Through it all, it seems most probable that the removal of the current Communication Building will result in the aggregation of the new College of Political Science and Economics and the new College of Liberal Arts, resulting in a new building that is supposedly called the Humanities and Social Science Building, at least for now. Such a transfer could only mean that the numerous clubs, student council rooms, and on-campus press offices will need to get up and move into an alternate space.
Pertaining to the demolition, a member of the Executive Committee of Club Union, Chung Yong Woo (’17, Medicine) said, “The idea of the removal of the current Communication Building is most definitely a welcoming one concerning its old age.” Chung continued, “However, if the school were to continually exhibit an exclusive behavior in its decision making process, it will only intensify the anxieties felt by the students.” It was the collective voice of the students that the school encompasses the voices of the students in making further strides with the demolition of the Communication Building.
Likewise, it is most crucial for the school to figure out a space that could properly embrace all the rooms that are currently situated in the Communication Building and to do so in an all-inclusive manner. More communication efforts of tuning in to the voices of the students are required as many students take a rest, socialize with their friends, and work in the building. There is a need for the school to respect and take into consideration the attachment that the students feel towards this space. Chung mentioned from her personal experience, “Although the Communication Building will leave us, I hope that the memories that came from it will not.”
In order for the students to request a more strategic solution and to receive constructive feedback from the school, students themselves have begun to take more organized steps on this issue. The College of Liberal Arts has also come up with the Committee for Space Measures which now has two separately designated sectors—one of which is the team in charge of the Communication Building and the other, for the SK Future Hall. Moreover, the first official meeting of the Communication Building Subcommittee under the Special Committee for Space Measures was held on March 22 discussing methods in order to handle the issues regarding the Communication Building in a more productive manner.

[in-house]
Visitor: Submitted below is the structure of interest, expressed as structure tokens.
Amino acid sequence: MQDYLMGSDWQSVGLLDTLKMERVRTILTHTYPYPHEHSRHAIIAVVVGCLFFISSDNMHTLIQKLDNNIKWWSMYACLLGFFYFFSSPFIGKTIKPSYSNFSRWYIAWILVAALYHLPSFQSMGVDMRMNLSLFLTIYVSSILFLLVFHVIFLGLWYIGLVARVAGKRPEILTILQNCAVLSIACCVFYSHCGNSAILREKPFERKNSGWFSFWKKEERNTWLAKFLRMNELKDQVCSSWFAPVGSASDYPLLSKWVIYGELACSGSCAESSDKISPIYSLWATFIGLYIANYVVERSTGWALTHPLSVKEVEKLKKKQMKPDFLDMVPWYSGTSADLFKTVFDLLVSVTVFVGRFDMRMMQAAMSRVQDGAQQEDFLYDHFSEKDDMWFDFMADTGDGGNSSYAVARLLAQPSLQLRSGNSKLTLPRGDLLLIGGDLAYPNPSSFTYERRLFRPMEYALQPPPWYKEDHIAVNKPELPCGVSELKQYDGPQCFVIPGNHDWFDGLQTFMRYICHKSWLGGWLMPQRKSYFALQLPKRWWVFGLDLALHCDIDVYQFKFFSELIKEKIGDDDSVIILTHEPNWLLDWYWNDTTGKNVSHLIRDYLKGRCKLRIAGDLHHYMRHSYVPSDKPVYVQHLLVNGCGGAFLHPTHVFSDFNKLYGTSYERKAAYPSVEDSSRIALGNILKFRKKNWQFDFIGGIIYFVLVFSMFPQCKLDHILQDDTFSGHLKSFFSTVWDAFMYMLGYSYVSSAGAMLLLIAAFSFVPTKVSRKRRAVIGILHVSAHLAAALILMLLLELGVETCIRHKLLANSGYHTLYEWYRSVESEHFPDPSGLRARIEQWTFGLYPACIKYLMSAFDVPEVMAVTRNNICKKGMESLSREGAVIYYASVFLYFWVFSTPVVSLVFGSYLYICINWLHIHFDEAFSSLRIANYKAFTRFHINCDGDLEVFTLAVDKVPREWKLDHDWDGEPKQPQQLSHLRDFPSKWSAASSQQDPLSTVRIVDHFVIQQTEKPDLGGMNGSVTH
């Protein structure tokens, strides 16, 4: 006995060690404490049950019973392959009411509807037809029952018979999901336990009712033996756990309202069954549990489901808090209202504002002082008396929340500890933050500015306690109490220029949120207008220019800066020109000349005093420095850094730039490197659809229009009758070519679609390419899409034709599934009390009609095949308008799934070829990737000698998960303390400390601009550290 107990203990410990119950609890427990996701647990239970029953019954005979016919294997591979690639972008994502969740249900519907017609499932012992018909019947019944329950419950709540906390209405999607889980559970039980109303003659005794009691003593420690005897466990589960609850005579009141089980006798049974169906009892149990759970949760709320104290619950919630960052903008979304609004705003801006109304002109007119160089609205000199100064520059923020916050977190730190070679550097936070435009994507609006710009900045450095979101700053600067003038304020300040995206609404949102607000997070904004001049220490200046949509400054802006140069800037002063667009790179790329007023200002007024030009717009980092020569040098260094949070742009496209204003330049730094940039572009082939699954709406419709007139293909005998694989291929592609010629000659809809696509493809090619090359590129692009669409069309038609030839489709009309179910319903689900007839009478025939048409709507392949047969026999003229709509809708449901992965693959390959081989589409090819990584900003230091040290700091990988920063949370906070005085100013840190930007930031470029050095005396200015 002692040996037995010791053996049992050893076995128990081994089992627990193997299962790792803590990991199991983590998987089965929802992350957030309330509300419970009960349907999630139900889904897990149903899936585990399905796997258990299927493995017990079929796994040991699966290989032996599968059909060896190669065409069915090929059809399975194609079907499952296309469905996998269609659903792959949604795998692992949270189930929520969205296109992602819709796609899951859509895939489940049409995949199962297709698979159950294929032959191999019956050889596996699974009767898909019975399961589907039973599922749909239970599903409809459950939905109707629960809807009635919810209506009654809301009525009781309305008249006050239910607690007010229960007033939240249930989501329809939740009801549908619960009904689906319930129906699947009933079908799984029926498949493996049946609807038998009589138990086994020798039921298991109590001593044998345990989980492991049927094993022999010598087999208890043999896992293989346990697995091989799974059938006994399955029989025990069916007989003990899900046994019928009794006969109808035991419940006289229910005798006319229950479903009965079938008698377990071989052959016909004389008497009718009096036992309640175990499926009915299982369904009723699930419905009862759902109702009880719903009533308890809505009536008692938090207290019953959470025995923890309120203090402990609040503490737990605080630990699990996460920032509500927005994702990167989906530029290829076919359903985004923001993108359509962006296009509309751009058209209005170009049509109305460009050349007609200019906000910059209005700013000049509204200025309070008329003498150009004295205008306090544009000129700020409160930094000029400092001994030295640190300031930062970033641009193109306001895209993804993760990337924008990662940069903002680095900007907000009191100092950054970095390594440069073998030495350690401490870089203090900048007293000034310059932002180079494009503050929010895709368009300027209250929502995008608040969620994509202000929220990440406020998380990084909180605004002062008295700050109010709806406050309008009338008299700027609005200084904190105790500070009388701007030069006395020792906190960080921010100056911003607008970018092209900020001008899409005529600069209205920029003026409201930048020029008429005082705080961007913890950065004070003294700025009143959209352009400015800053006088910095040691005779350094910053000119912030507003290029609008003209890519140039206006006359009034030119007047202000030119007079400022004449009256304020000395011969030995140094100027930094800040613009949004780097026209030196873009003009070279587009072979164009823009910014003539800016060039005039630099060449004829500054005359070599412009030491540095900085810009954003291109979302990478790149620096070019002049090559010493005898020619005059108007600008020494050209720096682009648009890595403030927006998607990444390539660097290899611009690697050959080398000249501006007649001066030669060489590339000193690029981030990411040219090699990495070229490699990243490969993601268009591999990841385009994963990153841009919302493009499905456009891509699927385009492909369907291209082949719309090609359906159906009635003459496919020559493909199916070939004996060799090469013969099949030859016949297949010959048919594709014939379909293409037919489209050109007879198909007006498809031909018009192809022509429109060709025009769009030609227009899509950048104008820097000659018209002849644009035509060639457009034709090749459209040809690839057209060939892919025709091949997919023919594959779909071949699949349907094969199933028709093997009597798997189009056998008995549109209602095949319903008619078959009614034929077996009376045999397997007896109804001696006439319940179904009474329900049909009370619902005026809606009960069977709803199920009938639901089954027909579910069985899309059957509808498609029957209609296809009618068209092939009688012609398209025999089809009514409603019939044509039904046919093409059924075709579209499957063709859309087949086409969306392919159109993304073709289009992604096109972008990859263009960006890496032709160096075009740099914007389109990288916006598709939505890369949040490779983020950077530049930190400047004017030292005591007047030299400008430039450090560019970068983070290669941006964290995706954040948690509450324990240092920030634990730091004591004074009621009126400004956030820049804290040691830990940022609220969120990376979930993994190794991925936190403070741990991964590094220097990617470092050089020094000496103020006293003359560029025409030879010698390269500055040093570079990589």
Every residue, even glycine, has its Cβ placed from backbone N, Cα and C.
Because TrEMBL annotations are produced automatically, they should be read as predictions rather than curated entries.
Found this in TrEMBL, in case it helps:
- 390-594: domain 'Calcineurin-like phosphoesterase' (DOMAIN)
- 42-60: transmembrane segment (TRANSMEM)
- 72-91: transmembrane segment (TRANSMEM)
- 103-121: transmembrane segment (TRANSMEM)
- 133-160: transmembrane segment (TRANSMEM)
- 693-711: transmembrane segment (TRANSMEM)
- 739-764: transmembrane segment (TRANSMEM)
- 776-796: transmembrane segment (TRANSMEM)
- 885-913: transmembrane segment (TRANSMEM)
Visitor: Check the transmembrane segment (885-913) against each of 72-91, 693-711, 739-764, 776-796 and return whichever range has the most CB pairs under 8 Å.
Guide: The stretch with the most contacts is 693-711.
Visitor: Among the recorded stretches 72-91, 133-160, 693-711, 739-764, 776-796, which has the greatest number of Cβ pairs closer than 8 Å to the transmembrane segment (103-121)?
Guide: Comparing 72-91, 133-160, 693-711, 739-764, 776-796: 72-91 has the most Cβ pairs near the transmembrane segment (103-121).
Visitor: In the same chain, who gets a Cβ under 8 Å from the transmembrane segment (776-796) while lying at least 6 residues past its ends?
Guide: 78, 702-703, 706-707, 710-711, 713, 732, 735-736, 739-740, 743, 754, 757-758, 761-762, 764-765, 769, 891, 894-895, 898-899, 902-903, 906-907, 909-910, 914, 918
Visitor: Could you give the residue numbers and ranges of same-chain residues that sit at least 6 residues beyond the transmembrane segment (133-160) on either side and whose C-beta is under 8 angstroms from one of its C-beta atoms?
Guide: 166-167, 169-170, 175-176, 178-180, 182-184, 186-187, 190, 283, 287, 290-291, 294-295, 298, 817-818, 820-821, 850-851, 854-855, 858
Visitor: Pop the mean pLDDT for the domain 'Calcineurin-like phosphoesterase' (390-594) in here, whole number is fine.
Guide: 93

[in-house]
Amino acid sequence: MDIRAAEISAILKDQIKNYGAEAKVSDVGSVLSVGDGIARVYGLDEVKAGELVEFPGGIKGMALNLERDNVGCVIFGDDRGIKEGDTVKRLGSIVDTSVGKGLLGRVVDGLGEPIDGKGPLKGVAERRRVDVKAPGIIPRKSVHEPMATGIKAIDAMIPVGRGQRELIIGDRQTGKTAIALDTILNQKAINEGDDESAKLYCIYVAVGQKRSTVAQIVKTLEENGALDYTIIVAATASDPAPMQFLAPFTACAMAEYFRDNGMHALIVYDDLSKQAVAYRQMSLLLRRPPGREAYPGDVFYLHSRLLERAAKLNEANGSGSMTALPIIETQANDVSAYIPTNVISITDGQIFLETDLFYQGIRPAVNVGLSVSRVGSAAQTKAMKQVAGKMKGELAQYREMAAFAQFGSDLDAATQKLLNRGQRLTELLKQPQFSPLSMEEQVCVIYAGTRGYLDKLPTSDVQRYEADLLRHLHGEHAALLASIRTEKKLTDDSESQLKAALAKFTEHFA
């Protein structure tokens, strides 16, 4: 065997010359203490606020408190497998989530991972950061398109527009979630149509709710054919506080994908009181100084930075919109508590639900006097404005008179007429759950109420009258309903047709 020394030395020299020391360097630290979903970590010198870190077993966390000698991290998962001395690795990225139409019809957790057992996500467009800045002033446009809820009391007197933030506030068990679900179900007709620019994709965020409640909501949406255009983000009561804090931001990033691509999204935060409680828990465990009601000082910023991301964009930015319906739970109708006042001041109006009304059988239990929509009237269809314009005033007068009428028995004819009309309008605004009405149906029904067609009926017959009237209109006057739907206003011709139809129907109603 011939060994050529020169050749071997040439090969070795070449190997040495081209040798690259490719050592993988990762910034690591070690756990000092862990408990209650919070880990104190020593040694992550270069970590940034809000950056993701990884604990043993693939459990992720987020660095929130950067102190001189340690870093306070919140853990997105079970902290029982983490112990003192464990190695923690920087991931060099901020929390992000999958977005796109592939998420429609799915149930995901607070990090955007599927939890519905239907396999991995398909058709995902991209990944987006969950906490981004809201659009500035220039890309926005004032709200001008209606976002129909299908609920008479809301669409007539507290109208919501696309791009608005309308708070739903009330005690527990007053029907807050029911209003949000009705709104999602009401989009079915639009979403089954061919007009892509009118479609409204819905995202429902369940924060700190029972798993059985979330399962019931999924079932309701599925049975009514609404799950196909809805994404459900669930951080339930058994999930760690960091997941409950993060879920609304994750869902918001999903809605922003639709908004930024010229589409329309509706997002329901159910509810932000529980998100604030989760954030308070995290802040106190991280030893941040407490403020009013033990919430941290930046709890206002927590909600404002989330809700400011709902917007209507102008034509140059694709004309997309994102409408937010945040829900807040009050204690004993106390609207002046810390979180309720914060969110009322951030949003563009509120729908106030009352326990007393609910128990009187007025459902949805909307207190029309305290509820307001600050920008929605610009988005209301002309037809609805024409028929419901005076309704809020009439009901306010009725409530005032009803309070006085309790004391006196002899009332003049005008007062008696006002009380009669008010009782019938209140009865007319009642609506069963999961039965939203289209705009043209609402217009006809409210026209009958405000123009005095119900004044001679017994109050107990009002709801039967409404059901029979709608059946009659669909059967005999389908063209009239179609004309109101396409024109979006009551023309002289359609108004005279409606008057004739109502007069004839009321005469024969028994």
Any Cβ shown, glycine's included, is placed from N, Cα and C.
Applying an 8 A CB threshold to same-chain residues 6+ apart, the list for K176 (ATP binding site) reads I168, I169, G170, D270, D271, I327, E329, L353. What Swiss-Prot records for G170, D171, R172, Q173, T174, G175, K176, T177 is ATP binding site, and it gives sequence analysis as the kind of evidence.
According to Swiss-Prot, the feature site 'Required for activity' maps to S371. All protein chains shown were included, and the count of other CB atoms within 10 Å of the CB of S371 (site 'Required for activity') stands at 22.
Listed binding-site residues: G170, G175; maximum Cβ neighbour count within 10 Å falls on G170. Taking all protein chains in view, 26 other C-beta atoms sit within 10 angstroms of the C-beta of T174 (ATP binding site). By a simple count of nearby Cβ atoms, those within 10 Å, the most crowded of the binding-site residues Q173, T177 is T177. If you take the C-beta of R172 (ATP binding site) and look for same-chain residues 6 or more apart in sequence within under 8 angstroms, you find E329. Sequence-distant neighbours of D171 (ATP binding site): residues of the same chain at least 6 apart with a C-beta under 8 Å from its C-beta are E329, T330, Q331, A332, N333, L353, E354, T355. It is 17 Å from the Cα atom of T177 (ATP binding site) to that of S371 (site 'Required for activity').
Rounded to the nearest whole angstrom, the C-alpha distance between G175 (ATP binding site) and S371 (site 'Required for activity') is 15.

Cho Sungwon ('16, Korea Language and Literature), the Vice President of the College of Liberal Arts, also added, "The College of Liberal Arts Committee for Space Measures is planning to send a request for a practical consideration of an alternative space." Cho continued, "We hope that the requests are considered with some serious gravity."
The Next Agenda for the Building
Whatever procedures will be taken to replace the current Communication Building with the Humanities and Social Science Building, the school needs to make sure that the needs and voices of the students using the building are heard and fully incorporated throughout the construction that is about to take place in the next few years. Although no specific guidelines are provided in how the school will ensure the space of the students, it is most critical that the school does everything it can to provide them with an alternate space; the students can only hope that the new buildings will become what the Communication Building has been for students—a home since it was built just half a century ago.